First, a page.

MIPCOM: Why the World Loves 'Orange Is the New Black'
"People around the world like to laugh at us," says Lionsgate TV boss Kevin Beggs about the global success of Netflix's women's prison drama
There was a time when such cutting-edge fare as Nurse Jackie, Nashville and Orange Is the New Black would have been considered a tough sell internationally.
But, according to Kevin Beggs, chairman of Lionsgate Television Group, which produces all those shows, as well as AMC's Mad Men, the world has changed.
Orange Is the New Black is the most successful show on Netflix's new channels in continental Europe, evidence that groundbreaking U.S. drama can also go global. Beggs put the international success down to showrunner Jenji Kohan.
“We were confident about Orange because of Jenji,” he explained. “She did Weeds for us, and that was a success internationally. Her taste and her comedic and dramatic sensibilities seem to work around the world.”
Beggs said Orange's international appeal was similar to that of Weeds. Both, he said, were sardonic looks at very American issues: in Weeds it's the war on drugs, and in Orange, America's huge prison system.
"People around the world like to laugh at us," said Beggs, speaking at a keynote address Wednesday at the international television market in MIPCOM in Cannes. For Lionsgate, he said, the international market is crucial.
“For us, it's huge,” Beggs said. “We have to recover a sizable deficit on the shows we produce and we have to recover that on the international markets. We have to have a feel on how [a show] works internationally… there are certain shows we can't get behind because the international market can't get behind them.”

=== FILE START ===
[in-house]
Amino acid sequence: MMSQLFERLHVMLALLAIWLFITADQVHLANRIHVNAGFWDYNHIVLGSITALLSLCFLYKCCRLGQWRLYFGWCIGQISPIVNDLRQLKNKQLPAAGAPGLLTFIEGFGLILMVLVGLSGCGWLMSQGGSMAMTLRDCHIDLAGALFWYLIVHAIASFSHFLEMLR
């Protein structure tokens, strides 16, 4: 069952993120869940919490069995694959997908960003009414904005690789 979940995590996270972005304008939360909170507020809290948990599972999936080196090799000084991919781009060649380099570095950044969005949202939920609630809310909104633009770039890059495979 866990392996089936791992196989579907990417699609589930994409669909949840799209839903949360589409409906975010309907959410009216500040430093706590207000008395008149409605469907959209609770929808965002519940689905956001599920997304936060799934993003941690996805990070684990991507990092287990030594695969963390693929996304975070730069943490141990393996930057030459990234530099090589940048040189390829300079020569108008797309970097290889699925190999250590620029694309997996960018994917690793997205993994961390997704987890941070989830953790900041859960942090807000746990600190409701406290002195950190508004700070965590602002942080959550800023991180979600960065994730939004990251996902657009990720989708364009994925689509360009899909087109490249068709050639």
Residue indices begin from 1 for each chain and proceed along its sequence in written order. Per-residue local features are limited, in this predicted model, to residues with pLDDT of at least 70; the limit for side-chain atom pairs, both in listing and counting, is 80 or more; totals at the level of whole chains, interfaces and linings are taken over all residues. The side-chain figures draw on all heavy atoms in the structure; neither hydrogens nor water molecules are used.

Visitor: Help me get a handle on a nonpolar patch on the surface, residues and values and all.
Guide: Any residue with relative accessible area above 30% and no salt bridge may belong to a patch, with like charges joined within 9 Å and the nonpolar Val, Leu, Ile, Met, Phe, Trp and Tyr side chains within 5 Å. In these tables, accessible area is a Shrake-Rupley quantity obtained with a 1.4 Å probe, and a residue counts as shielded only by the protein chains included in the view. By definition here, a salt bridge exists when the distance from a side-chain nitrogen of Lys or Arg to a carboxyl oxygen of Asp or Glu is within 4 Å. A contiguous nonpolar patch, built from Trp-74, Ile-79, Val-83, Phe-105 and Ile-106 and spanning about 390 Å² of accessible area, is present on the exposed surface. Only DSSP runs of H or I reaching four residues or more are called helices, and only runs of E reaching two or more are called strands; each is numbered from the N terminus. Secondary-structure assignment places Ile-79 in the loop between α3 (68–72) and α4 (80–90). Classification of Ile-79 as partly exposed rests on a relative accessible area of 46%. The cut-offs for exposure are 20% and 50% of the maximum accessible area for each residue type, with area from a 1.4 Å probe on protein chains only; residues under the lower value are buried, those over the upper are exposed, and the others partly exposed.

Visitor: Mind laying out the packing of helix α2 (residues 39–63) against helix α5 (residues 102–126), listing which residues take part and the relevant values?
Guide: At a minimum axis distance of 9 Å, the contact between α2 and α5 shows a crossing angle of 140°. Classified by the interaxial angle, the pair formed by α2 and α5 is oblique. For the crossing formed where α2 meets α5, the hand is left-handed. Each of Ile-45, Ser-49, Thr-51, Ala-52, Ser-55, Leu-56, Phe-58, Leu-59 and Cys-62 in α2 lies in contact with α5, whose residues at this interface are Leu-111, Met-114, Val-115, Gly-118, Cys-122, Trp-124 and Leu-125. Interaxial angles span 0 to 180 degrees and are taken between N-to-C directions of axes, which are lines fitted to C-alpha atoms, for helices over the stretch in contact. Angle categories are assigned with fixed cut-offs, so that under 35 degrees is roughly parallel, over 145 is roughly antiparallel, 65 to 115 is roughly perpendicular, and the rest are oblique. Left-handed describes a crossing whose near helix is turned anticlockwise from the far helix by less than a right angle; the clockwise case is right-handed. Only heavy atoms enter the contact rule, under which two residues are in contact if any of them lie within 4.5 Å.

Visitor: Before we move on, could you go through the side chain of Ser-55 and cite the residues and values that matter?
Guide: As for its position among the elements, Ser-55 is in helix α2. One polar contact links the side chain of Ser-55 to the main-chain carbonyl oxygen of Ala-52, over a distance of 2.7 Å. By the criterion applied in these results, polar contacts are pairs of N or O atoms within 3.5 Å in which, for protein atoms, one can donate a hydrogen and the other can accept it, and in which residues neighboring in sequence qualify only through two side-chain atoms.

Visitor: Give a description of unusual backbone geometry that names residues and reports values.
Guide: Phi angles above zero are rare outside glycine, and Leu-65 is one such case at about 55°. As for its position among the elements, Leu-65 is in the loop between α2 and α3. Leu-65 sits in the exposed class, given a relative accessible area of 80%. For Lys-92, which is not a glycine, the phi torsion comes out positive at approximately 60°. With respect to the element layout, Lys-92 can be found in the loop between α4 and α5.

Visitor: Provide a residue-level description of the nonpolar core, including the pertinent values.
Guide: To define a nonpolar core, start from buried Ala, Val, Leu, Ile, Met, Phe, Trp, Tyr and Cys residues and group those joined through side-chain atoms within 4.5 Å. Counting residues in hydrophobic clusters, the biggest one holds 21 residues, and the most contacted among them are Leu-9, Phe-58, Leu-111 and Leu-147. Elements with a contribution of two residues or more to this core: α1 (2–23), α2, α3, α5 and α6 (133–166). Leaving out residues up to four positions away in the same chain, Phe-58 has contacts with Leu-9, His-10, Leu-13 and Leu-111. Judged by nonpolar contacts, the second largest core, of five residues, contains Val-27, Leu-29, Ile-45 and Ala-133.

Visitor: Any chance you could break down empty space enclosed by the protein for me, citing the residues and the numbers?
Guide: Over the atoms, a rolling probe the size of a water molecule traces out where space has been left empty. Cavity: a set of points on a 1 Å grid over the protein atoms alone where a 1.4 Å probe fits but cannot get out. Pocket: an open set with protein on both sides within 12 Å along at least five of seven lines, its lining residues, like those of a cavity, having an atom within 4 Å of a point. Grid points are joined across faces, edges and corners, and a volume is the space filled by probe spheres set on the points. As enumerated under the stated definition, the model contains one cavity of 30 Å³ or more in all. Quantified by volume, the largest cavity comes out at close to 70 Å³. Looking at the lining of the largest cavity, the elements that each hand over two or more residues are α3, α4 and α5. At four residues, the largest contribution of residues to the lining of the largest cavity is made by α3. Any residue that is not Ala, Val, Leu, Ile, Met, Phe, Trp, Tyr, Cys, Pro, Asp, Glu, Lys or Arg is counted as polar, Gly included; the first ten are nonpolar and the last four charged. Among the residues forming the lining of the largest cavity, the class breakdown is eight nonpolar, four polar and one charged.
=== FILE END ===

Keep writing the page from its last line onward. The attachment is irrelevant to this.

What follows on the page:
Beggs said that, compared to Mad Men, which has never been a real international hit, Orange Is the New Black started strong, something he partly attributed to the growth of on-demand services like Netflix, which allow viewers to easily watch and rewatch their favorite series.
“The storytelling on Orange Is the New Black is very different," he explained. "She [Kohan] is taking a lot of digressions … but you can do that [on Netflix] because you know that people are going to go back and rewatch. It gives you a lot of freedom to tell stories in a more novelistic way. You don't have the advertising restrictions, where you are pushing to have a really dramatic ending to every scene before the commercial break to make sure the audience comes back.”
The online transformation, Beggs said, means producers worldwide will have to change their instincts about what would hold an audience.
Speaking on Lionsgate's broader strategy, Beggs said the company was aggressively expanding into Asia, getting its programming onto online and mobile services in China and pushing into the Indian market and looking to team with European production companies to do original series.
“We are talking to everyone,” he said. “We would love to find the perfect show to commission or co-commission for a French, U.K. or German pay-TV network.”
Lionsgate is already active in acquiring foreign formats to adapt for the U.S., recently licensing Jo Nesbo's crime novel Headhunters to develop as a television series for HBO.
At MIPCOM, Lionsgate unveiled its newest series, The Royals, a commission for E! Television. The drama, focusing on a very dysfunctional British royal family, stars Elizabeth Hurley, William Moseley and Alexandra Park.